The FCS results showed two subsets of the MNE and MNES VLP sizes: one bigger than 100nm and one equal to 100nm in diameter, suggesting that SARS-CoV-2 produced some particles with and without S, as observed by immunospotting as well.
The immunospotting results confirmed that at least 25% of the M(GFP)NES VLPs incorporated the S protein. According to the authors, it would be interesting to vary the ratio of S expression in the experimental cells to see if it would change the level of S incorporation in the VLPs. Likewise, incorporating MNES VLP mimicking the SARS-CoV-2 into animal models could provide sufficient amounts of neutralizing antibody responses without being infectious.
Lastly, at the human pulmonary cell surface, the M(GFP)NES VLPs could recognize the human angiotensin-converting enzyme 2 (hACE2) receptor and endocytosed, confirming that the S incorporated in the VLPs remained functional.
Overall, the study findings reaffirmed that the non-fluorescent and fluorescent VLPs composed of the SARS-CoV-2 M, N, E, and S proteins could package SARS-CoV-2 RNA to transduce and express genes in the target host cells.
Furthermore, their optimal production and detailed characterization could help understand the underlying mechanisms of the SARS-CoV-2 assembly and host cell entry in a safe environment (BSL-2 and not BSL-3) and even aid in the development of VLP-based COVID-19 vaccines.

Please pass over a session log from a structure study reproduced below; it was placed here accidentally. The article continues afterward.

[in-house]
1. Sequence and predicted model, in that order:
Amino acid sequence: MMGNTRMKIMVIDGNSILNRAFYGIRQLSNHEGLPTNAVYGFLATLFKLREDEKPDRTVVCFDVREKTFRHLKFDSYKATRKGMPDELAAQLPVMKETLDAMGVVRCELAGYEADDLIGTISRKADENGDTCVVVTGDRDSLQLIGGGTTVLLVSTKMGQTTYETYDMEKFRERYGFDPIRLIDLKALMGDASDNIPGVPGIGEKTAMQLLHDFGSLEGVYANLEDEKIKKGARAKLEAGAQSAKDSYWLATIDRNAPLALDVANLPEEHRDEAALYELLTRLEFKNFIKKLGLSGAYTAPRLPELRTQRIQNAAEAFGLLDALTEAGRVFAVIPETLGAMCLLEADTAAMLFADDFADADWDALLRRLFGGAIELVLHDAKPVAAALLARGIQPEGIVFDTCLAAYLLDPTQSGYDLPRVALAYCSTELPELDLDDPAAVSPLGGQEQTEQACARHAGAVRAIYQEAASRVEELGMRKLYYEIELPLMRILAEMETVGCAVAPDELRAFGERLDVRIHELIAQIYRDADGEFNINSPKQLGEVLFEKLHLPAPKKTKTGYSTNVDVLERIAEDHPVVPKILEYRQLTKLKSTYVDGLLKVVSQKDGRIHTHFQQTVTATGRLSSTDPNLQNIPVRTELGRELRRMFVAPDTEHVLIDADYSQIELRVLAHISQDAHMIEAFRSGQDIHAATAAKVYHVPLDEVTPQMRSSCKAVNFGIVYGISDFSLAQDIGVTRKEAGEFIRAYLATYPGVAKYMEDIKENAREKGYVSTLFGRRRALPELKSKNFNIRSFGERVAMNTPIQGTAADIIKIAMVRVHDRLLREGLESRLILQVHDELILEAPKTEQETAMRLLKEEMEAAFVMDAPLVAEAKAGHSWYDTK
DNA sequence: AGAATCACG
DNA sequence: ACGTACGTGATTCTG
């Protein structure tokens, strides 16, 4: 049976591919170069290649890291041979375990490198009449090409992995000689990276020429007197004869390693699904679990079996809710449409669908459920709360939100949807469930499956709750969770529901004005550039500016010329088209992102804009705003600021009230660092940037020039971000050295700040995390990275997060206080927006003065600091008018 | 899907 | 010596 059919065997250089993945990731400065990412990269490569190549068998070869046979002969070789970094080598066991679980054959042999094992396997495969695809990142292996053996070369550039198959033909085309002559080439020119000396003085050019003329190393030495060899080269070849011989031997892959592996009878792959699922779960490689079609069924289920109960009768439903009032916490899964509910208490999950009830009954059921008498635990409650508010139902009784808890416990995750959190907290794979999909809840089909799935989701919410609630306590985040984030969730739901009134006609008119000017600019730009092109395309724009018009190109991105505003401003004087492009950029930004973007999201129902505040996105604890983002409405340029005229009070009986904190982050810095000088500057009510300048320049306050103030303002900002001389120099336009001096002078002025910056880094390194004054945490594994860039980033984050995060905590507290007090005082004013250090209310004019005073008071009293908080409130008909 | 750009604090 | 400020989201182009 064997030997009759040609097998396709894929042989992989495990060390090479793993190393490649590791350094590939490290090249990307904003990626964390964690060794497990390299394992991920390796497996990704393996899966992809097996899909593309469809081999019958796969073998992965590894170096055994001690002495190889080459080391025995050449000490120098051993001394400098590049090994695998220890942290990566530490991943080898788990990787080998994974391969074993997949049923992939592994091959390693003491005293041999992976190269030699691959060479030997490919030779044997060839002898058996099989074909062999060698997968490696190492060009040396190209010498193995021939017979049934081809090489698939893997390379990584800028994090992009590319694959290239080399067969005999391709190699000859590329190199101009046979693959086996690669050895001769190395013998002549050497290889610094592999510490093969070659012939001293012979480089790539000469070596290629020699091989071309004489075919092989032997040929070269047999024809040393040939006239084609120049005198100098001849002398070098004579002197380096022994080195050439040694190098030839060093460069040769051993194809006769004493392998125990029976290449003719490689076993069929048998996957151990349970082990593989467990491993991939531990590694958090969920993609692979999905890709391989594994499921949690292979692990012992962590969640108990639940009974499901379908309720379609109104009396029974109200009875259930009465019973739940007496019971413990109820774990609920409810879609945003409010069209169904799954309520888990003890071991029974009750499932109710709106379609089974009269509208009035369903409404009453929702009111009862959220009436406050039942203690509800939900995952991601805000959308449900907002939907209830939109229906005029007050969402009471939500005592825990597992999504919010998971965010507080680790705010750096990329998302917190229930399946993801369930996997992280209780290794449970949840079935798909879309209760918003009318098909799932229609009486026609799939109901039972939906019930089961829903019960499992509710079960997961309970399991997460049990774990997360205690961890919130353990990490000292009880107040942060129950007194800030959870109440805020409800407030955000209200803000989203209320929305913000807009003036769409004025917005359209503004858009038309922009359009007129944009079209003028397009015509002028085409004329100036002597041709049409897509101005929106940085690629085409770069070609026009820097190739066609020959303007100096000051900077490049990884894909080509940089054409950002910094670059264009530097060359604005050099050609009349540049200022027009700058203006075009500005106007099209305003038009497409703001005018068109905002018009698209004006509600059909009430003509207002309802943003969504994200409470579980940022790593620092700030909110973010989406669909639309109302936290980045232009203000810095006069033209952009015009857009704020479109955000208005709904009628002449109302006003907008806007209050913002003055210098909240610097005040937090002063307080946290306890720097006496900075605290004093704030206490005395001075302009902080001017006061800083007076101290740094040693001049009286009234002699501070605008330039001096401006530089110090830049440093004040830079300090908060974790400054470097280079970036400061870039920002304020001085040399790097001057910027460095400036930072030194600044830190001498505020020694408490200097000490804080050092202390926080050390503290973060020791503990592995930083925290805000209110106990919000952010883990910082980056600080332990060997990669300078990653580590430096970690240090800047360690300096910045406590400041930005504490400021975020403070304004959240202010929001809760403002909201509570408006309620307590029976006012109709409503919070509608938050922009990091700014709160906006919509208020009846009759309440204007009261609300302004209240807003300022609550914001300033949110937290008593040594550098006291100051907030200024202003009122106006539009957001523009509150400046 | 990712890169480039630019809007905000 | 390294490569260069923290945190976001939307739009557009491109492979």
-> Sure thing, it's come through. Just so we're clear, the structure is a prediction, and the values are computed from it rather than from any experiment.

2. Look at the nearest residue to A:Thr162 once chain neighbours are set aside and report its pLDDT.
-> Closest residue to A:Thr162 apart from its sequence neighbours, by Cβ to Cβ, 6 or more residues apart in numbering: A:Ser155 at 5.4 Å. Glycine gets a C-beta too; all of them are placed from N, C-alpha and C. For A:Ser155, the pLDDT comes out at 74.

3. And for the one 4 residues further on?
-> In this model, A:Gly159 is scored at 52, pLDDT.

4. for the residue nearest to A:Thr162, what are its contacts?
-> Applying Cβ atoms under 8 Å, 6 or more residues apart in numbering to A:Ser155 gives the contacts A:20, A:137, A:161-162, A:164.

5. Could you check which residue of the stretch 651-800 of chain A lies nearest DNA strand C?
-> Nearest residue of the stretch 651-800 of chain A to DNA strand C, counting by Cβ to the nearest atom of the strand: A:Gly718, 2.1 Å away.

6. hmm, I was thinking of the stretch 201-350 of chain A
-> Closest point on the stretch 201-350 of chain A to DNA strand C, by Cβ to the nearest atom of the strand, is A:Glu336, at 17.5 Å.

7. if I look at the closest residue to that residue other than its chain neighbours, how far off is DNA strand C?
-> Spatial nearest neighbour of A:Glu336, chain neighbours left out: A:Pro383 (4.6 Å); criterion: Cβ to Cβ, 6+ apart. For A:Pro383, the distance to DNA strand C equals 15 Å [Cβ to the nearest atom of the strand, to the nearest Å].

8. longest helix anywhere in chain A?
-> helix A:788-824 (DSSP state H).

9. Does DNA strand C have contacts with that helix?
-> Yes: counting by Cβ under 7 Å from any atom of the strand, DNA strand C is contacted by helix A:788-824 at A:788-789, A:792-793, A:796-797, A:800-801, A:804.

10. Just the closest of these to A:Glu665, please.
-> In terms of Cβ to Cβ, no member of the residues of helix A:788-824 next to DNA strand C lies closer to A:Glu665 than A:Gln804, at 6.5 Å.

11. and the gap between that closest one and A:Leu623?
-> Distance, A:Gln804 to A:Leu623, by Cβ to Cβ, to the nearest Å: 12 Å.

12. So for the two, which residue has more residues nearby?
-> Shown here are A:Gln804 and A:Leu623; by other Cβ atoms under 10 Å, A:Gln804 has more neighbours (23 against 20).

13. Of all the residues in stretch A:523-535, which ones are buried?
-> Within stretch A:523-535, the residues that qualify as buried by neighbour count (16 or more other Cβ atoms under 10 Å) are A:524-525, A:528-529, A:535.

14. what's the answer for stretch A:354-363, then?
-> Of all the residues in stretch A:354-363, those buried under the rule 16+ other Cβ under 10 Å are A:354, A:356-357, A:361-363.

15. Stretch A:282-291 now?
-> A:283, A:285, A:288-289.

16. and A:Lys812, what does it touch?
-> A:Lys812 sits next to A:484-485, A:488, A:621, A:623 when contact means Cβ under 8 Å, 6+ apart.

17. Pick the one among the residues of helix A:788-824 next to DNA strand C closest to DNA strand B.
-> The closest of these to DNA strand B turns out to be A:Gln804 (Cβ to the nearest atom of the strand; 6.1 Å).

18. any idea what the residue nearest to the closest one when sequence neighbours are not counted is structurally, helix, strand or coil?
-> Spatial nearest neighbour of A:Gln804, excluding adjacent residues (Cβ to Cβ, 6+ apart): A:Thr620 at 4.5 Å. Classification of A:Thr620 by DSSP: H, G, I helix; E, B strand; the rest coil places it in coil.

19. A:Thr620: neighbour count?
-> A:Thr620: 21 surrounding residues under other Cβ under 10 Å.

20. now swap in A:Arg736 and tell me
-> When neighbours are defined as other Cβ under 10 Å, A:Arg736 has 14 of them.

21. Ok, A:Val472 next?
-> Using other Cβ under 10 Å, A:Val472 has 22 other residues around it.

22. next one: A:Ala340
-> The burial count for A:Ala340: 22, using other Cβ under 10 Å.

bioRxiv publishes preliminary scientific reports that are not peer-reviewed and, therefore, should not be regarded as conclusive, guide clinical practice/health-related behavior, or treated as established information.
- Gourdelier, M. et al. (2022) "Optimized production and fluorescent labelling of SARS-CoV-2 Virus-Like-Particles to study virus assembly and entry". bioRxiv. doi: 10.1101/2022.03.23.485575. https://www.biorxiv.org/content/10.1101/2022.03.23.485575v1
Posted in: Medical Science News | Medical Research News | Disease/Infection News
Tags: Angiotensin, Angiotensin-Converting Enzyme 2, Antibody, Atomic Force Microscopy, Cell, Confocal microscopy, Coronavirus, Coronavirus Disease COVID-19, covid-19, Enzyme, Exosomes, Fluorescence, Fluorescence Microscopy, Fluorescent Protein, Genes, Genome, Localization Microscopy, Membrane, Microscopy, Morphology, Particle Size, Plasmid, Protein, Receptor, Respiratory, Ribonucleic Acid, RNA, RNA Sequencing, SARS, SARS-CoV-2, Severe Acute Respiratory, Severe Acute Respiratory Syndrome, Spectroscopy, Syndrome, Vaccine, Virus
Neha is a digital marketing professional based in Gurugram, India. She has a Master’s degree from the University of Rajasthan with a specialization in Biotechnology in 2008. She has experience in pre-clinical research as part of her research project in The Department of Toxicology at the prestigious Central Drug Research Institute (CDRI), Lucknow, India. She also holds a certification in C++ programming.